Impunity Watch and partners develop a theory of change to support women, peace and Security in Burundi and the Democratic Republic of Congo
Impunity Watch co-organised with SOFEPADI and Association DUSHIREHAMWE (Congolese and Burundian organisations respectively) a four-day workshop in Bujumbura from 24-28 February 2020 to develop a “theory of change” that will essentially provide them with a roadmap for supporting the Women, Peace and Security Agenda over the next five years.
The participants reflected on their ongoing programmes and looked at what works, lessons learned, and how to scale up their interventions as well as strategies for influencing regional policymaking. This planning workshop was facilitated by MDF Training and Consultancy.
“This workshop was an important moment for Impunity Watch and our partners in Burundi and the DRC to take stock of the impact our work is having on transforming harmful gender norms and for supporting the meaningful participation of Burundian and Congolese women in processes of transitional justice,” said David Taylor, Head of Impunity Watch in Burundi.
The workshop covered a range of topics including:
understanding the process of formulating a theory or
change; intervention strategies; risk analysis; indicators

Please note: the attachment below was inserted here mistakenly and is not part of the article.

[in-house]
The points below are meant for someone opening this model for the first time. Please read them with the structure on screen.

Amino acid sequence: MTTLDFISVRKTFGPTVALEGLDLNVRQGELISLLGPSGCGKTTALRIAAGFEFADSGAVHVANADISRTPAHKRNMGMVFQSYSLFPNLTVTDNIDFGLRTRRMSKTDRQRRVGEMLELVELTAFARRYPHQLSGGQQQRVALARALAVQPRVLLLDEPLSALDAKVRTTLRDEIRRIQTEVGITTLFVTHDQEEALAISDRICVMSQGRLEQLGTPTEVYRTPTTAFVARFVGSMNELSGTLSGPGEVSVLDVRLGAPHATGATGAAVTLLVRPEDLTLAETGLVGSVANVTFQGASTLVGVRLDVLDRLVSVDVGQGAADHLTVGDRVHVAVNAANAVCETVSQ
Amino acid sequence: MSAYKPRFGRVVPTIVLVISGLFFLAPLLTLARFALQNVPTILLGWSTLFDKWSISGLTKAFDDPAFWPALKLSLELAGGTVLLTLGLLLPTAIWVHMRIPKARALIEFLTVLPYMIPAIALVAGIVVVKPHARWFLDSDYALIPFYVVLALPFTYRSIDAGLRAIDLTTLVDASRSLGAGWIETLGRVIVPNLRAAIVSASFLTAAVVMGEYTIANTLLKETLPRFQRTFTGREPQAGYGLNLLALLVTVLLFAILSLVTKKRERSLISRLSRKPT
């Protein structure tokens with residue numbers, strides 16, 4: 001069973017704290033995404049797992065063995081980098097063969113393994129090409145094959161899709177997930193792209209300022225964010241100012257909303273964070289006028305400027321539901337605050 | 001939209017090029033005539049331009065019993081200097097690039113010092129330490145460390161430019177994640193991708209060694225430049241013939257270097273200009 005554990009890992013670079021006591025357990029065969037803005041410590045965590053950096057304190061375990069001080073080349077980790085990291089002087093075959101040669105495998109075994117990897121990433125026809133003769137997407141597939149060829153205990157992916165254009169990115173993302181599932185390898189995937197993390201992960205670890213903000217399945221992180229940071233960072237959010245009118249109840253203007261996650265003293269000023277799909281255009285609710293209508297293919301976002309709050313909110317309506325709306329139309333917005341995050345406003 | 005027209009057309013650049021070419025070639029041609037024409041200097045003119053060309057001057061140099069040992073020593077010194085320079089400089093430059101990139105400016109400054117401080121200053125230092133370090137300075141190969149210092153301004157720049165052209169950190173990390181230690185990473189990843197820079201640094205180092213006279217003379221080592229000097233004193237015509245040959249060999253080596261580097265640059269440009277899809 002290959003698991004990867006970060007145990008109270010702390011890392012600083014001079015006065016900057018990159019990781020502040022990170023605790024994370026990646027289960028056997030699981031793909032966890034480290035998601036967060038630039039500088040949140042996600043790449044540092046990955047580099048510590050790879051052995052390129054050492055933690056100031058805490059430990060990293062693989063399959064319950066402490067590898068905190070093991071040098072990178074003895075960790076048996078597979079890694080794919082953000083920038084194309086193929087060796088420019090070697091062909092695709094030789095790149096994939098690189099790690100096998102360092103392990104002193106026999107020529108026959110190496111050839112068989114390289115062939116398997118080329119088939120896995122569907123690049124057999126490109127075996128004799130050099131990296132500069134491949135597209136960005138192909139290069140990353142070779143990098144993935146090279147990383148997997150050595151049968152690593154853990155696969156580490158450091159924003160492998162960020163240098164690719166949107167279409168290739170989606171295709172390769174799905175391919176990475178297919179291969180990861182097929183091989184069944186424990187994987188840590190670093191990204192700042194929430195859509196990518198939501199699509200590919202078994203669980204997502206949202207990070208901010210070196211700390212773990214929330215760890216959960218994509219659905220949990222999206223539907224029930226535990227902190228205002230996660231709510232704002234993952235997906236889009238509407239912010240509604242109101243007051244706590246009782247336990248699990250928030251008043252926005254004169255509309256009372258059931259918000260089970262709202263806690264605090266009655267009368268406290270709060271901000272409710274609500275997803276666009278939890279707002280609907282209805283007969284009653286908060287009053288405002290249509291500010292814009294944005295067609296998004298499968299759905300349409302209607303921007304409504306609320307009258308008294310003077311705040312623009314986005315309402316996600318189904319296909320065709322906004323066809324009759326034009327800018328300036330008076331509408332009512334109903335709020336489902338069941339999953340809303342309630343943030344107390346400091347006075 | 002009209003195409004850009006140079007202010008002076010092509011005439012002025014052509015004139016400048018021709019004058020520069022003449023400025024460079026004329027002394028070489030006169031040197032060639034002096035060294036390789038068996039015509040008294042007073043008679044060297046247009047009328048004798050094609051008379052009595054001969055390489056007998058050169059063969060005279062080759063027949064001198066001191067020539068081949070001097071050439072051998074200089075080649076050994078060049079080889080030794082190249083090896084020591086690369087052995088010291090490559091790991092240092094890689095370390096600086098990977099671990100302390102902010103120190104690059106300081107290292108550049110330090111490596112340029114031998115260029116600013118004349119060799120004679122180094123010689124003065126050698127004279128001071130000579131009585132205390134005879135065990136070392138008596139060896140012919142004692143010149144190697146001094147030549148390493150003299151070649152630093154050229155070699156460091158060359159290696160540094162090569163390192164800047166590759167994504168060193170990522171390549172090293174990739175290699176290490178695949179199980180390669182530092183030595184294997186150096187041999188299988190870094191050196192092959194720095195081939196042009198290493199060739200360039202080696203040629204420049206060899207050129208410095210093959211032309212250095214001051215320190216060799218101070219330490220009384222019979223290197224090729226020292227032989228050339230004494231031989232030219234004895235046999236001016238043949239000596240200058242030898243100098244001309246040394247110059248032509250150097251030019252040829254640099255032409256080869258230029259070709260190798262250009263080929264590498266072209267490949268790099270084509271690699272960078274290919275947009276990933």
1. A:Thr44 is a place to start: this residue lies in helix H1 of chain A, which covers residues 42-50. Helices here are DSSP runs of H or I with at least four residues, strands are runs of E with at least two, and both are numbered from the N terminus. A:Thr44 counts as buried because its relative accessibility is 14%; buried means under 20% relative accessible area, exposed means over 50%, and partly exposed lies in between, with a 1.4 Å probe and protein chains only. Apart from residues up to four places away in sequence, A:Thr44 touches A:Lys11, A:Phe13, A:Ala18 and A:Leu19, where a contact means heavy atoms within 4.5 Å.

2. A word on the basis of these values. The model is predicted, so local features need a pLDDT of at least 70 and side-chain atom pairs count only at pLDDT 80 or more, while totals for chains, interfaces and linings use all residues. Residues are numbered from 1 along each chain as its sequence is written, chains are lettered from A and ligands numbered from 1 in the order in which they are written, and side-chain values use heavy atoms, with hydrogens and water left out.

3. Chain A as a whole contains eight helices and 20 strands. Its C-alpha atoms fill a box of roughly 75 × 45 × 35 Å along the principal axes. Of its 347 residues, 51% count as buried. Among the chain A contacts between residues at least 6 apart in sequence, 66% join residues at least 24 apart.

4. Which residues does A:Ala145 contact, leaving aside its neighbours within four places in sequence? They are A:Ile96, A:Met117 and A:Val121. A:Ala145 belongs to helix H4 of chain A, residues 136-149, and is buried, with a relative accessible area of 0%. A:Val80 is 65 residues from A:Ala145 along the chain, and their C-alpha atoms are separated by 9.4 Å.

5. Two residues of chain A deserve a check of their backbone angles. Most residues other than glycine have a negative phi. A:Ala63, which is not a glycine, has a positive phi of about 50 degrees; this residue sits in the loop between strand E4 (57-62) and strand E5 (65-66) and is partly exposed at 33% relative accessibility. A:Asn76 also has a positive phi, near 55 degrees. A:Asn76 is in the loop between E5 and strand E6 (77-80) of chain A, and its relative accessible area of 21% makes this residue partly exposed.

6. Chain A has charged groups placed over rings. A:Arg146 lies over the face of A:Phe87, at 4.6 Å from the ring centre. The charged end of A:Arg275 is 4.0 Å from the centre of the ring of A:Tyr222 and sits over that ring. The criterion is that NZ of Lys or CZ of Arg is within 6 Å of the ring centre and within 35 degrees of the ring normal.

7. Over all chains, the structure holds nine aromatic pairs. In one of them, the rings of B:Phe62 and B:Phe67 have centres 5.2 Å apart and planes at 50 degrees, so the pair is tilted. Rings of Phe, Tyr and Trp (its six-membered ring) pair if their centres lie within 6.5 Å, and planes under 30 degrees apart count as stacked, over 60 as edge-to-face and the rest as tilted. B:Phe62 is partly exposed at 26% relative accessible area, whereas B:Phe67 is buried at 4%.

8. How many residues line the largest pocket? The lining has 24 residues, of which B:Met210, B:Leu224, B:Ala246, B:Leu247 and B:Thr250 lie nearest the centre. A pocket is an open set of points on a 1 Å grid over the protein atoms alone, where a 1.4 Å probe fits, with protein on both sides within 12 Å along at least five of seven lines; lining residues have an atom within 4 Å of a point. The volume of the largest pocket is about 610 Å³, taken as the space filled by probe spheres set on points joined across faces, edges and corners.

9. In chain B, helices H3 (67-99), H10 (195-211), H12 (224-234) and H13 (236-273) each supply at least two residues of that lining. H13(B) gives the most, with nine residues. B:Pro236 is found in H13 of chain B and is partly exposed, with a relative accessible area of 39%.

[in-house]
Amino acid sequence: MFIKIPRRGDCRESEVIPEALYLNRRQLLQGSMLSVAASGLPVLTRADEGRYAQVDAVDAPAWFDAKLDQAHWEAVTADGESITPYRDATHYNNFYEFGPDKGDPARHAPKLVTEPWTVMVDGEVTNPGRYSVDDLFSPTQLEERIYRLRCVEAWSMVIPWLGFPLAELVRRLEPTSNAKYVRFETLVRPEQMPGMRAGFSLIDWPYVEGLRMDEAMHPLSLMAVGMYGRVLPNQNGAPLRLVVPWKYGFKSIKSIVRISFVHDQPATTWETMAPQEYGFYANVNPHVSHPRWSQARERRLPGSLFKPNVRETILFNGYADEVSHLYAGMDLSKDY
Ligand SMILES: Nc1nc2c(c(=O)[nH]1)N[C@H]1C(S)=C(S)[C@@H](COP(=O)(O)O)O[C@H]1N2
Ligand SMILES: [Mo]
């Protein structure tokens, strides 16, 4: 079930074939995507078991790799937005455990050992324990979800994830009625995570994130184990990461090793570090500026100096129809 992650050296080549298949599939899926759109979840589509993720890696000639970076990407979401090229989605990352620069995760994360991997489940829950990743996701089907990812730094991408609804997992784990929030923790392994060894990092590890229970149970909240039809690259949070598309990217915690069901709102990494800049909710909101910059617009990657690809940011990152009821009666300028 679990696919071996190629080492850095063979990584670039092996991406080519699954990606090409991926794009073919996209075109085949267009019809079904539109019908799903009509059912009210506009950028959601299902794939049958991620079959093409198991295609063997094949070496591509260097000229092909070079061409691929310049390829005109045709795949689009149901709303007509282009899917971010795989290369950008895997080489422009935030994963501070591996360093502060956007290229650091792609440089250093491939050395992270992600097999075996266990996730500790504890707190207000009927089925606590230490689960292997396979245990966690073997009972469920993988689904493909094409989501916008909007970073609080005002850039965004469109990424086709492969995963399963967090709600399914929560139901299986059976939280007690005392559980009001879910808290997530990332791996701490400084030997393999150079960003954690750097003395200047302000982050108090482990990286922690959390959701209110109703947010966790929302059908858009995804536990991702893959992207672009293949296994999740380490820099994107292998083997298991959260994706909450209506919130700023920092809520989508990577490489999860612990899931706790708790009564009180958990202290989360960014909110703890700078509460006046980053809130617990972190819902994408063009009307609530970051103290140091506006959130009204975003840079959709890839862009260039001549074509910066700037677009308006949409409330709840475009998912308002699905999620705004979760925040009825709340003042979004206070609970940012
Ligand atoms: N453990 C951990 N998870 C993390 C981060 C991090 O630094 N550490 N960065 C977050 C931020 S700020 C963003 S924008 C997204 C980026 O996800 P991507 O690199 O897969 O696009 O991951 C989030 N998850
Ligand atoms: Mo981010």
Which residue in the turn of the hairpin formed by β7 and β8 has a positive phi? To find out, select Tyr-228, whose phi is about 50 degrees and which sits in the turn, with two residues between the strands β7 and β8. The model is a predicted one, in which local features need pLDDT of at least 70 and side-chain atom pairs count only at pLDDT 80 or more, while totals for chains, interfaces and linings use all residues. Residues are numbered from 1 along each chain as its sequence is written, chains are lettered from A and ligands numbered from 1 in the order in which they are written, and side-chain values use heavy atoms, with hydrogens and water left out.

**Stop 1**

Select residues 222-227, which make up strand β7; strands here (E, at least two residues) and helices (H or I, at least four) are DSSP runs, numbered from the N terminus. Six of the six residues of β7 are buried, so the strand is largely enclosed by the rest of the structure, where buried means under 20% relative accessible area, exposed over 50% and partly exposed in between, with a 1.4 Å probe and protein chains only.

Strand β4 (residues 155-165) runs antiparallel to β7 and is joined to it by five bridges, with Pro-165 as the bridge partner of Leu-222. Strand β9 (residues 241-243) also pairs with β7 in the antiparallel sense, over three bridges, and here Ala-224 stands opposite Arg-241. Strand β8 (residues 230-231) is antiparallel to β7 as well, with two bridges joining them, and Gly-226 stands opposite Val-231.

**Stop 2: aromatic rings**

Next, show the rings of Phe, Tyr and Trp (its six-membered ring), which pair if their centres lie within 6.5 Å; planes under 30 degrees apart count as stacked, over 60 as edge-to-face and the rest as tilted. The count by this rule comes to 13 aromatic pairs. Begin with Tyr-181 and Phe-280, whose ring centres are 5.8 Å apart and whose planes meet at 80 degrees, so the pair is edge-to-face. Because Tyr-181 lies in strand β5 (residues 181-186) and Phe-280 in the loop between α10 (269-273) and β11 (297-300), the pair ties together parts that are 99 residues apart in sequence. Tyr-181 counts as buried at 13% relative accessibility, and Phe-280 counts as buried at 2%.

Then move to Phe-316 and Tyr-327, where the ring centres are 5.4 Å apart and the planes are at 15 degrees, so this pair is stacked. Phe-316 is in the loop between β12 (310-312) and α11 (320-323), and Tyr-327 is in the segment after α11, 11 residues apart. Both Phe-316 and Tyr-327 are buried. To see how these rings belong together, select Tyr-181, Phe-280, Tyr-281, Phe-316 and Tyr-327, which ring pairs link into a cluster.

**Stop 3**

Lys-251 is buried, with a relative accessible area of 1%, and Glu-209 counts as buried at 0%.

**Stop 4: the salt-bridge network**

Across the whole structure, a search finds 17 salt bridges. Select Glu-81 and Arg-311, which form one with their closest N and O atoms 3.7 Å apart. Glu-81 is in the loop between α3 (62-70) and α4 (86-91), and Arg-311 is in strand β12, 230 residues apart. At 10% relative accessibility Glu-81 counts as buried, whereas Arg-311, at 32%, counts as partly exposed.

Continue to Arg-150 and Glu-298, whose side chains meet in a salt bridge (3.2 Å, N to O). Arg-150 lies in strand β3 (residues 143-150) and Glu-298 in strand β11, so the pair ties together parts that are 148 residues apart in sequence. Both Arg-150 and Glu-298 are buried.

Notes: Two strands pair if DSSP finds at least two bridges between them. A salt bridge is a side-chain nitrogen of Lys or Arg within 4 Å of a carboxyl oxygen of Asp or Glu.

of change; gender transformative approaches; capacity
building for strategy development; innovation in
partnerships; and the dynamics of the consortium
including its decision-making processes and the roles
and responsibilities of each organisation.
Julienne Lusenge, Chair of SOFEPADI’s Board of
Directors, said that the theory of change that was
developed by the three organisations will help them
affect real change in Burundi and the DRC, particularly
in terms of advancing women’s rights. She highlighted
the regional importance of this new programme, whereby it will allow women in the Great Lakes region to meet with decision-makers at the country and regional levels.
Also reflecting on this theory of change, Rodrigue Ngasembere, Head of Programmes at SOFEPADI, said it can be summarised in the aspiration to see women participate in large numbers in decision-making and peace processes, as well as in ensuring access to basic social services. “We think it is a long-term response to the problem women face in the Great Lakes region as a result of armed conflict as well as political and security problems,” Mr. Ngasembere added. He stressed that
for women to be able to achieve their role as actors
of change and to overcome the challenges that
peace and security within their communities, they
need to be empowered and civil society organisations
should build their capacities.
Madame Lusenge and Mr. Ngasembere both
emphasised the importance of working together as a
consortium with DUSHIREHAMWE and Impunity
Watch, whereby they can join efforts, learn from
each other’s experiences and bring real change into
David Taylor concluded that he has no doubt that
with strong partners like SOFEPADI and DUSHIREHAMWE alongside Impunity Watch’s committed Gender Justice and DRC team, they will make a significant contribution to conflict prevention and tackling the scourge of impunity in Burundi and the DRC.